Cantet’s script (written with Robin Campillo) persistently presents Vincent with opportunities to reassess what he is doing, not least in an agonizing encounter with a musician friend who (by choice) has a more humble and freer existence than Vincent. A horrified Vincent finds himself embroiling his friend (and his meager savings) into the Ponzi scheme. Liberated and emboldened by the short-term success of his doomed odyssey, Vincent ignores or rejects those voices that call on him to turn back. He is seduced instead by an encounter with Jean-Michel, a black-market entrepreneur, played, magnetically, by Serge Livrozet—an actor whose sheer abstruseness is disarmingly reinforced by his never having acted in a feature film before or since. There has been talk that he might be a real gangster.
What Cantet films so penetratingly is uncertainty. No element of the script or direction allows itself to follow a formulaic course (such as a Hollywood adaptation might choose), to lull either the protagonist or the audience into comfort or familiarity. The captivating music (provided by a small string orchestra) is by Jocelyn Pook (an ingenious choice, so mesmerizing were her chimeric cadences in Kubrick’s Eyes Wide Shut). Vincent’s encounters and his reactions to them are unpredictable, and our acute unease (from our recognition of his anxieties and our dread of how such a story must play out) is tempered by a sense of ethereal distance: we can understand what Vincent is going through, but we can never quite understand Vincent himself. He may be closer to us all than Frank Abagnale is, but Cantet’s use of hyperrealism exaggerates the idiosyncrasies of Recoing’s performance—in the image of Recoing’s own utter physical ordinariness, Time Out rejects any aesthetic composition that could reasonably be interpreted as pleasing to the eye. At times, Recoing seems to be thinking of nothing, then he snaps back into our frame of understanding with a line or a smile—he drifts in and out of our sympathies. So pale as to be almost transparent, he becomes like a ghost, haunting a world to which he has never quite belonged, and from which he is never quite able to escape. When night falls, the audience experiences a frisson of anxiety, as if the dark were momentarily protecting the fugitive and hiding the threat (witness the scene where Vincent walks in the grounds of the school while his son participates in an evening judo class inside the classroom). A rare, standout sequence of real aesthetic power in the film involves Vincent and Muriel, having spent the night in the cottage, so that one imagines Vincent may be on the verge of confessing. They are walking in the mountains as the fog closes in. He turns and she is gone: he panics and screams after her. After what seems an interminable length of time, he finds her, looking out into the void (just as we have seen Vincent do time and time again). She turns and smiles, beautifully, at him: “Did you think you had lost me?”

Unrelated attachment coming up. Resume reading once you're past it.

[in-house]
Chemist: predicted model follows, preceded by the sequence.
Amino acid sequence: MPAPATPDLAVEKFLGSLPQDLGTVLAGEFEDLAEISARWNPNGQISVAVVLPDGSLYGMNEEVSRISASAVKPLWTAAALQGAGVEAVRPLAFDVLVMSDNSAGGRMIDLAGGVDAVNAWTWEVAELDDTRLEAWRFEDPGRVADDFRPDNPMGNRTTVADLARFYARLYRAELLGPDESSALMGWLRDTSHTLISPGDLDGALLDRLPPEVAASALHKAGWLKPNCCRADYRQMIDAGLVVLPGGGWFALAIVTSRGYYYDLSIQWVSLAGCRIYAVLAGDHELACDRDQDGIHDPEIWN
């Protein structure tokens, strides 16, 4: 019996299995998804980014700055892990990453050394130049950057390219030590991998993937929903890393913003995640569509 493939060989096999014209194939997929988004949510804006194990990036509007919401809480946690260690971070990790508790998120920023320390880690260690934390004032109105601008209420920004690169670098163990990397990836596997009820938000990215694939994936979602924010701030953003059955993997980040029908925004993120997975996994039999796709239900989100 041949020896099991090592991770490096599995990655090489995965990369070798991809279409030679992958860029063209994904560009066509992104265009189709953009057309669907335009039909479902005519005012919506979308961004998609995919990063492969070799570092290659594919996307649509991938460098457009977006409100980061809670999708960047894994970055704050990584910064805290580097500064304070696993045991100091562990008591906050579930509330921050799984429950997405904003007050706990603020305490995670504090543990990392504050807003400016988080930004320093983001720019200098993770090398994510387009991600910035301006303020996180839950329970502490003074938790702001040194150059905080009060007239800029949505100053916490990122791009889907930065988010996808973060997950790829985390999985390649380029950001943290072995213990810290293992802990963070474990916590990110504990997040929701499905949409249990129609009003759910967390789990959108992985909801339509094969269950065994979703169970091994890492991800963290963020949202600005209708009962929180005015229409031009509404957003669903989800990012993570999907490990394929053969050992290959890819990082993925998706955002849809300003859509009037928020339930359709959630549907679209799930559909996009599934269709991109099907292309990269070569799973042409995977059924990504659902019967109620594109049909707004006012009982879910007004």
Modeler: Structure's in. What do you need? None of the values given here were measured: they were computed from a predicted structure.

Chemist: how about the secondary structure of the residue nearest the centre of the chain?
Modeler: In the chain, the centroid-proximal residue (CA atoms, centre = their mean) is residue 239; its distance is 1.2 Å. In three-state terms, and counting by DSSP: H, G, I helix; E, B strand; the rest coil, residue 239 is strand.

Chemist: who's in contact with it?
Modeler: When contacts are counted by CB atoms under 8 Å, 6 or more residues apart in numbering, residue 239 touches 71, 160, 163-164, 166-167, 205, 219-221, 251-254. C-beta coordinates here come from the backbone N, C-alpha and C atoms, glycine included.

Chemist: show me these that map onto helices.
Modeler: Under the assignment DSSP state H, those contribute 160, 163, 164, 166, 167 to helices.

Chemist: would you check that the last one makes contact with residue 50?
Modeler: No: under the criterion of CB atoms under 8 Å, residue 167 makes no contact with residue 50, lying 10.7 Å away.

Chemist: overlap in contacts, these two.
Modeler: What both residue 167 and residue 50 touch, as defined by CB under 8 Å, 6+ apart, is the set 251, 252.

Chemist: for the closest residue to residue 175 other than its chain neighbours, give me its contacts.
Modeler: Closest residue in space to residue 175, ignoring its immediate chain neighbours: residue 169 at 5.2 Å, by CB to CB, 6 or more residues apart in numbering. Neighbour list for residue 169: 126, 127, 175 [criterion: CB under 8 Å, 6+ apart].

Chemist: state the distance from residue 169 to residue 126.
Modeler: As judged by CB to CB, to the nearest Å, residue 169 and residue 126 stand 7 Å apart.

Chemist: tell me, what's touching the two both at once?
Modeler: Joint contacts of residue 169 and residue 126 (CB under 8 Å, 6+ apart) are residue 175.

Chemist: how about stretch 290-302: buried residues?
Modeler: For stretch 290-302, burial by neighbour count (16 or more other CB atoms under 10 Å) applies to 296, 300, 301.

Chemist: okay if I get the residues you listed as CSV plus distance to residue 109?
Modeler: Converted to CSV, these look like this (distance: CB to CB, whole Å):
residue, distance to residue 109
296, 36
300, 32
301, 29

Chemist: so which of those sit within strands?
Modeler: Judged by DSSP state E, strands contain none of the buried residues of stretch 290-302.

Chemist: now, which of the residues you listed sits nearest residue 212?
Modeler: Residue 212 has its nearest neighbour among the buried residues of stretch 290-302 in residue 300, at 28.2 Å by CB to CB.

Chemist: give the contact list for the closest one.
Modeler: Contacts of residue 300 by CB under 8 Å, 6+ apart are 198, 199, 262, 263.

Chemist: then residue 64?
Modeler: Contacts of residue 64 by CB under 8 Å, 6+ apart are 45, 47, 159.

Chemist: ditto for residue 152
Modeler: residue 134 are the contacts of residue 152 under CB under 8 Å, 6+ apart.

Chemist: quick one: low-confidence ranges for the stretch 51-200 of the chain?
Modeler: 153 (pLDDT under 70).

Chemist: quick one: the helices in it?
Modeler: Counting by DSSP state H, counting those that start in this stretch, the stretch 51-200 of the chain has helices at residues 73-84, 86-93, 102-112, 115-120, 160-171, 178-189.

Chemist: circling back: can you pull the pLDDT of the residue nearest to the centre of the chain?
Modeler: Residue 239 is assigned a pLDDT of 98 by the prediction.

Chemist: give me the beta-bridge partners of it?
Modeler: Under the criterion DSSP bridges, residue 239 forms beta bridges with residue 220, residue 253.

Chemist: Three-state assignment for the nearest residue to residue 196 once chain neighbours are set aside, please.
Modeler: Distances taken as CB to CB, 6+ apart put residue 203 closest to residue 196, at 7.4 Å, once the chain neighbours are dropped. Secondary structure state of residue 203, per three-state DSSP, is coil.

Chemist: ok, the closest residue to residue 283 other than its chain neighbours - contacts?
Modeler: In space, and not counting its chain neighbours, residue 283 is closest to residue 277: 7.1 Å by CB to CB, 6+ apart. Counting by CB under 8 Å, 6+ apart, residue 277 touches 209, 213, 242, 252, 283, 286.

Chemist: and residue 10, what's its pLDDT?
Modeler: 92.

Cantet’s mission, common to nearly all his work—from his startlingly direct piece of agitprop Human Resources (which seemed to have graduated summa cum laude from the Loach-Guédigian school) through Heading South and The Class—is one of the noblest cinema has to offer: to give a voice to the unheard. He points his camera at the hinterlands of society, the unfashionable and the awkward; his protagonists are ordinary people with little or no heroic dimension; he lights not the obviously dramatic dark underworld, but the gray, the bland, and the drab—and brings them sharply into focus. Vincent, at best a modern-day version of Melville’s Bartleby, is far from a brilliant con man—and his tale is a genre or two away from the audacious capering of Catch Me If You Can—but Vincent succeeds (in part) because what he is really doing is what most people do when they are actually working: he is faking, selling, persuading. The subtlety of this indictment is remarkable—the reason we don’t need to see the job Vincent used to do, is because it would too closely resemble the fake job he is (not) doing now.
One might reasonably expect a film such as this to end in a mass murder (as in the real Romand affair) or, more predictably still, a suicide (the penultimate scene seems to show Vincent disappearing into the dark, just as in the climactic sequence, Muriel disappeared into the fog). But Cantet has far worse in store for us. From the anxiety of the darkness comes the horror of broad daylight, as we are presented with a final coda to freeze the blood. Cantet has shown us with Time Out that cinema has the capacity—more than any other medium—to transport us, through the looking glass, into reality.